The Governor of the Commonwealth of Virginia serves as the chief executive of the Commonwealth of Virginia for a four-year term.

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Haitian Revolution

The Haitian Revolution (Révolution haïtienne) was a successful anti-slavery and anti-colonial insurrection by self-liberated slaves against French colonial rule in Saint-Domingue, now the sovereign nation of Haiti.

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Harewood (West Virginia)

Harewood is one of several house in the vicinity of Charles Town, West Virginia built for members of the Washington family.

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Hartford Convention

The Hartford Convention was a series of meetings from December 15, 1814 – January 5, 1815, in Hartford, Connecticut, United States, in which the New England Federalist Party met to discuss their grievances concerning the ongoing War of 1812 and the political problems arising from the federal government's increasing power.

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Henry Clay

Henry Clay Sr. (April 12, 1777 – June 29, 1852) was an American lawyer, planter, and statesman who represented Kentucky in both the United States Senate and House of Representatives.

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Henry Dearborn

Henry Dearborn (February 23, 1751 – June 6, 1829) was an American soldier and statesman.

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Historical rankings of presidents of the United States

In political studies, surveys have been conducted in order to construct historical rankings of the success of individuals who have served as President of the United States.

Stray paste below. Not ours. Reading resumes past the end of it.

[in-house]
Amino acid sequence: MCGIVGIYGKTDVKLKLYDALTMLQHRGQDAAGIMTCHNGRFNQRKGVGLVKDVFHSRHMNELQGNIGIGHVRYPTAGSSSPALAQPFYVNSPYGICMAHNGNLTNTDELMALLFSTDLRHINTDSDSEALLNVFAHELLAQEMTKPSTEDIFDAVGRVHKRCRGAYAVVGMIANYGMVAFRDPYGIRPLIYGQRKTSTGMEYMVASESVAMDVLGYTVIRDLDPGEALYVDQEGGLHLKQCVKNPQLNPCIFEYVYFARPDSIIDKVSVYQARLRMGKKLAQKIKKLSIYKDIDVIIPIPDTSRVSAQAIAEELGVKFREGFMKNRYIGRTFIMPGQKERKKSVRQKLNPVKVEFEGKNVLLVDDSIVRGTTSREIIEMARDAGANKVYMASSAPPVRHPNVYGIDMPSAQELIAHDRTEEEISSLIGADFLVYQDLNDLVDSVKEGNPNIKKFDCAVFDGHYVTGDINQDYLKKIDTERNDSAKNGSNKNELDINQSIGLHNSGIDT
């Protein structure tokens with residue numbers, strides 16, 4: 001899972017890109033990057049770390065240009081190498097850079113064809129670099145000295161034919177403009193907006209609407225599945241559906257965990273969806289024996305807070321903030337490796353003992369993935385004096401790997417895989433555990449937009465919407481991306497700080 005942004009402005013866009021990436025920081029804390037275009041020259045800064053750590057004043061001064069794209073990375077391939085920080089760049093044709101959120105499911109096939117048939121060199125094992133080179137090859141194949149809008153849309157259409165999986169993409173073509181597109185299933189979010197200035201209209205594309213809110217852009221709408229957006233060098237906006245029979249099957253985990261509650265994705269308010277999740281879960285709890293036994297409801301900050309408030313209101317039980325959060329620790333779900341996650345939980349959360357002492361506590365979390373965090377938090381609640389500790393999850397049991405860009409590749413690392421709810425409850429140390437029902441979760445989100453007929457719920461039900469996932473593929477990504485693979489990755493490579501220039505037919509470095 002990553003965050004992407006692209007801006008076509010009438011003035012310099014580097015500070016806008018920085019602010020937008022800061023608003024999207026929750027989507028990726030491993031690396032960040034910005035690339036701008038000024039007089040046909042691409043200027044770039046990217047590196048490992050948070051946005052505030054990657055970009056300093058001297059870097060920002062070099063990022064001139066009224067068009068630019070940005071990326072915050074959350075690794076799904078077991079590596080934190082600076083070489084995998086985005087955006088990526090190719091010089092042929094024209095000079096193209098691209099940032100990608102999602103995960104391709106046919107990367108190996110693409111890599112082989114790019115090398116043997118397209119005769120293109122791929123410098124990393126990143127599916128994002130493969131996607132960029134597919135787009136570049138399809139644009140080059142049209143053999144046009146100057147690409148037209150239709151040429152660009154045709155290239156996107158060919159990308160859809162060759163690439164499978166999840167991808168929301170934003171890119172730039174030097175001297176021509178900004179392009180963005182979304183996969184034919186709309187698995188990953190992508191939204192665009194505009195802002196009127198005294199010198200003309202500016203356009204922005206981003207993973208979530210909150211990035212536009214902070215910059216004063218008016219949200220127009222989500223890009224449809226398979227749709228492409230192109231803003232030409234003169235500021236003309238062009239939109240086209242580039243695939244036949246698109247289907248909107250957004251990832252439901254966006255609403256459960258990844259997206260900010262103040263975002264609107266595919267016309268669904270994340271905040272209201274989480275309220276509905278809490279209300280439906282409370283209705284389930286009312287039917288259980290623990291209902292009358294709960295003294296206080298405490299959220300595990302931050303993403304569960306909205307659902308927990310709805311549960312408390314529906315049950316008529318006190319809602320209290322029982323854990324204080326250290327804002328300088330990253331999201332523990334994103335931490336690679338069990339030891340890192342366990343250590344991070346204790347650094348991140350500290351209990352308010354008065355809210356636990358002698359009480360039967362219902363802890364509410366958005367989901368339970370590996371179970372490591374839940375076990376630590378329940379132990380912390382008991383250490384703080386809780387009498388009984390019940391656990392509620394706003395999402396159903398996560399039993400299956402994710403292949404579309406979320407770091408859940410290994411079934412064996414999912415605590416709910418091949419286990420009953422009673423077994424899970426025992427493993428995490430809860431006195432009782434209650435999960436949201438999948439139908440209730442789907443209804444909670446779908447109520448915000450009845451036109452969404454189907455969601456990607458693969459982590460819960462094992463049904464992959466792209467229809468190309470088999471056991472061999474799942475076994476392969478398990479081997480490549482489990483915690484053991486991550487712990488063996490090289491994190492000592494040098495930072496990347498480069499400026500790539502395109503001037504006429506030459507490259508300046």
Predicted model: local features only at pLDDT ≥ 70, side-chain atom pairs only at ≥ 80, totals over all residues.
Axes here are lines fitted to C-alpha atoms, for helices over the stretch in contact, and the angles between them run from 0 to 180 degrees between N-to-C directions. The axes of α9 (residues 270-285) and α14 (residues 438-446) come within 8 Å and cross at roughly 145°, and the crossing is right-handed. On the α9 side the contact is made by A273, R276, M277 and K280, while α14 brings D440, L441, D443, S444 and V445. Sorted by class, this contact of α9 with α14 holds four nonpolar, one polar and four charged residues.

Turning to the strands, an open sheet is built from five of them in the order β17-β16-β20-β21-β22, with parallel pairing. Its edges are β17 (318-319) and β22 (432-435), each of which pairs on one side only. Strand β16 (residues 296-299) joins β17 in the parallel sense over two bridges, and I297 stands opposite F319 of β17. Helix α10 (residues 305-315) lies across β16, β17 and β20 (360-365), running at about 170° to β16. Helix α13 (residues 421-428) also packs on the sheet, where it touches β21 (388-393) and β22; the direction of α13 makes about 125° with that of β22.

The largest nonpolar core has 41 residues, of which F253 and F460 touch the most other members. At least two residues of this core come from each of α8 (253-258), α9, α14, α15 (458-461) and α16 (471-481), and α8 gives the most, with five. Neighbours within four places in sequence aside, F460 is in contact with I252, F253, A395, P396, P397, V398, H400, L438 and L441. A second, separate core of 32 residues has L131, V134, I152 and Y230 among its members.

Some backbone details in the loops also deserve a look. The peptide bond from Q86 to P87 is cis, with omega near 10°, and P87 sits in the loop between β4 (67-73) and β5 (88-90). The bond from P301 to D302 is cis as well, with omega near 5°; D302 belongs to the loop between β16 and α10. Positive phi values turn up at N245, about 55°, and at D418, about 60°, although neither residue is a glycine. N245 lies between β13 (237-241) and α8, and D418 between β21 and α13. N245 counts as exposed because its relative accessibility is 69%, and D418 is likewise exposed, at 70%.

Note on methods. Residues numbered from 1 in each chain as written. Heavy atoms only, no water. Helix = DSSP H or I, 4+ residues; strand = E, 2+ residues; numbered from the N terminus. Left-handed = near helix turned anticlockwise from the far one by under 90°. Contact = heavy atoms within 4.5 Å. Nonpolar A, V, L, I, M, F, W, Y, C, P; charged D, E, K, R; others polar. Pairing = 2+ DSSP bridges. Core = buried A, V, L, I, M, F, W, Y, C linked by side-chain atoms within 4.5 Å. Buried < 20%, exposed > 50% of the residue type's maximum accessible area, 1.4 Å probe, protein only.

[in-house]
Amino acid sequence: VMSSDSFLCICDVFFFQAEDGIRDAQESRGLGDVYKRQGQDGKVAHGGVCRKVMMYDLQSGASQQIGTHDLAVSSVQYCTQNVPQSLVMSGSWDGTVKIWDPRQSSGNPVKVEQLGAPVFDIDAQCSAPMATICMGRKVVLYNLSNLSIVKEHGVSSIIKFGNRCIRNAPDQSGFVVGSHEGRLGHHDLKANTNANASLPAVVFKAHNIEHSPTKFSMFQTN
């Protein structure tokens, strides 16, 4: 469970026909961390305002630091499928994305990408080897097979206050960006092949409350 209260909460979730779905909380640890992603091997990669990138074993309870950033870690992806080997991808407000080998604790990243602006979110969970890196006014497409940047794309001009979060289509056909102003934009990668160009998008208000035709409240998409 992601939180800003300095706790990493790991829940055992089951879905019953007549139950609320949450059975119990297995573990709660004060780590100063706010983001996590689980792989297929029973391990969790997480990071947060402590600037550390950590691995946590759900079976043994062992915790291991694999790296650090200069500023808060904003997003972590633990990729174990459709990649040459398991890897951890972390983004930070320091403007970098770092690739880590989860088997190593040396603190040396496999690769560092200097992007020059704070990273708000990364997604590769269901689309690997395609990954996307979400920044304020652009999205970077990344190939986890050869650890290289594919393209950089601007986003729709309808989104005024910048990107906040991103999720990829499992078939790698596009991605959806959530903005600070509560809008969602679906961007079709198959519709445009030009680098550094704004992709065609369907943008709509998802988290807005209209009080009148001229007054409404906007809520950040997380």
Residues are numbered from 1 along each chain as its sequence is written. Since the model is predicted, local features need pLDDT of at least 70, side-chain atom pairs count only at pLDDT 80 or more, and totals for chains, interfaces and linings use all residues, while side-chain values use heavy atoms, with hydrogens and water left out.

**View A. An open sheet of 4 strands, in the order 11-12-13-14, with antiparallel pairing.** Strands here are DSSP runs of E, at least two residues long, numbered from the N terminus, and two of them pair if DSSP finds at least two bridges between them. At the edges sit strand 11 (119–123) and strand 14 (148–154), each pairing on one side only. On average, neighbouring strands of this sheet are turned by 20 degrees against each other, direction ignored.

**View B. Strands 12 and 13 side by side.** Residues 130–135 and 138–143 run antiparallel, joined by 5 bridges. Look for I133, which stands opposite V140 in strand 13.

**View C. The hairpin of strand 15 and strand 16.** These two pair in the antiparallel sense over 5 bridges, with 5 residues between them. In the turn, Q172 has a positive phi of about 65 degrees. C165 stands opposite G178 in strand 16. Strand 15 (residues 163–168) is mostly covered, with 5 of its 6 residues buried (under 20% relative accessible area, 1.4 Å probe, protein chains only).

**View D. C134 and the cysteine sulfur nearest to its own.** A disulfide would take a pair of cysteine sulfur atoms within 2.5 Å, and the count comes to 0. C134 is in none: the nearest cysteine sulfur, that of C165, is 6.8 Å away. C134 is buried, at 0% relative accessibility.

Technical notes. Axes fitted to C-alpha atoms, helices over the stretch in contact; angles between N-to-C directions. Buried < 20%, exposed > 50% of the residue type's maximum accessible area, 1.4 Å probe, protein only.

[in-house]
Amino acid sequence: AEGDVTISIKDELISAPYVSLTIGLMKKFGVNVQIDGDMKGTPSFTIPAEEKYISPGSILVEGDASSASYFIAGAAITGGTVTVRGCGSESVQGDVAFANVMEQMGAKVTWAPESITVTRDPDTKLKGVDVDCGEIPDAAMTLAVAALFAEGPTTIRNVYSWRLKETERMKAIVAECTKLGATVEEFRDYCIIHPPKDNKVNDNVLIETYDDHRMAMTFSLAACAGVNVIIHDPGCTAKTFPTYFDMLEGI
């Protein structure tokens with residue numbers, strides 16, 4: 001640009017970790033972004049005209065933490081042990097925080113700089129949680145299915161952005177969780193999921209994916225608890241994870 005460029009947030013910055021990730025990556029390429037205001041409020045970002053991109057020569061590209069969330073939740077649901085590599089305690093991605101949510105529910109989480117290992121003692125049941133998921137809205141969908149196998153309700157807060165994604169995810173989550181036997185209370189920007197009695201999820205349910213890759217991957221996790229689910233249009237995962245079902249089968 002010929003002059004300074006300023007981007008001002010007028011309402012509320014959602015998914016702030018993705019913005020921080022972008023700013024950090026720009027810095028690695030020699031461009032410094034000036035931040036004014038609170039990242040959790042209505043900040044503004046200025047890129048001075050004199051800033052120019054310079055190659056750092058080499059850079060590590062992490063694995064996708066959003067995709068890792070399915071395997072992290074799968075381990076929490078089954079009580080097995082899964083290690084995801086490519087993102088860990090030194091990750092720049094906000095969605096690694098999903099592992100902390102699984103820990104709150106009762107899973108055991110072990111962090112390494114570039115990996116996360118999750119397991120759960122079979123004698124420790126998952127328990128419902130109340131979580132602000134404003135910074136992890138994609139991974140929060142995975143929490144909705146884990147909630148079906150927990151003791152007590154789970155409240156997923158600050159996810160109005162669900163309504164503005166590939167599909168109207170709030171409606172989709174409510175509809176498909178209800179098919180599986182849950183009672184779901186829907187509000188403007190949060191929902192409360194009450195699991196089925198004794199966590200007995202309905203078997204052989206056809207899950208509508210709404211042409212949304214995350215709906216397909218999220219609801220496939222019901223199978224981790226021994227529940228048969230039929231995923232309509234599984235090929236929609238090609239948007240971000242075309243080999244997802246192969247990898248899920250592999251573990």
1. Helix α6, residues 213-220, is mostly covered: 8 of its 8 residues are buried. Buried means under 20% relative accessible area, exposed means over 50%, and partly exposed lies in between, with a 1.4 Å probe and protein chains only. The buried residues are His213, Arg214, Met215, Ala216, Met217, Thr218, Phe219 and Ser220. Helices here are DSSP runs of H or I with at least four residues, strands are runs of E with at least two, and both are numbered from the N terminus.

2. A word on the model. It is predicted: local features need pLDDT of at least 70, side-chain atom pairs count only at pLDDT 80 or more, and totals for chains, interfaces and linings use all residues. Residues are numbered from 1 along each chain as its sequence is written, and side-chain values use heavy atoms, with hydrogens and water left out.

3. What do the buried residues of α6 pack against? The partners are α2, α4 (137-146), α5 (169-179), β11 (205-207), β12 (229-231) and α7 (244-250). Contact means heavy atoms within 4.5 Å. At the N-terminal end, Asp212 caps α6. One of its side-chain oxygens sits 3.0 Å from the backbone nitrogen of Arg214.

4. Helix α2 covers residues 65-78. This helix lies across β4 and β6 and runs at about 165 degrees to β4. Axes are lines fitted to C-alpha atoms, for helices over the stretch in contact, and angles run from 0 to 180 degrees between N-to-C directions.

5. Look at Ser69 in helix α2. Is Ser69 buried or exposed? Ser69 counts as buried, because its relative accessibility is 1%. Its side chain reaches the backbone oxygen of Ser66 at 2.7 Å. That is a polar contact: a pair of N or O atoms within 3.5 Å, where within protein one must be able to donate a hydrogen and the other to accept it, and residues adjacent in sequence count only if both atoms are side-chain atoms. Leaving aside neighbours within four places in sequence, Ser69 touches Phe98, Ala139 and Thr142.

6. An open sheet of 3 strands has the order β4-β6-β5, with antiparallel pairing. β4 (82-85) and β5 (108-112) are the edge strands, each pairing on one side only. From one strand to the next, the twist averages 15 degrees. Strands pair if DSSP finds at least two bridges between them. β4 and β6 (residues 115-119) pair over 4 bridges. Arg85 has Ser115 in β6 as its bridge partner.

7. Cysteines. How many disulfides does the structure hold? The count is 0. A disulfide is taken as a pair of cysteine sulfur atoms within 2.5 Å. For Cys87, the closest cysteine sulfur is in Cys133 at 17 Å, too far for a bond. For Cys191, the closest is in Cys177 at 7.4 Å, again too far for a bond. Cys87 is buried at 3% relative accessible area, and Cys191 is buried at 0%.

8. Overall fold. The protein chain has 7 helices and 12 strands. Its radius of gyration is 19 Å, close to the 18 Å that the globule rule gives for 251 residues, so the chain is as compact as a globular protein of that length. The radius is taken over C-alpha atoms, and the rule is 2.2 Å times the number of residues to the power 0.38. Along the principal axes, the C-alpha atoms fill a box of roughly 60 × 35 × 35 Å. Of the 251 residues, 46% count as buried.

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History of central banking in the United States

This history of central banking in the United States encompasses various bank regulations, from early "wildcat" practices through the present Federal Reserve System.

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Impressment

Impressment, colloquially "the press" or the "press gang", is the taking of men into a military or naval force by compulsion, with or without notice.

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Inauguration

An inauguration is a formal ceremony or special event to mark either.

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Indian barrier state

The Indian barrier state or buffer state was a British proposal to establish a Native American state in the portion of the Great Lakes region of North America west of the Appalachian Mountains, and bounded by the Ohio and Mississippi rivers and the Great Lakes.

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Inflation

In economics, inflation is a sustained increase in price level of goods and services in an economy over a period of time.

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Internal improvements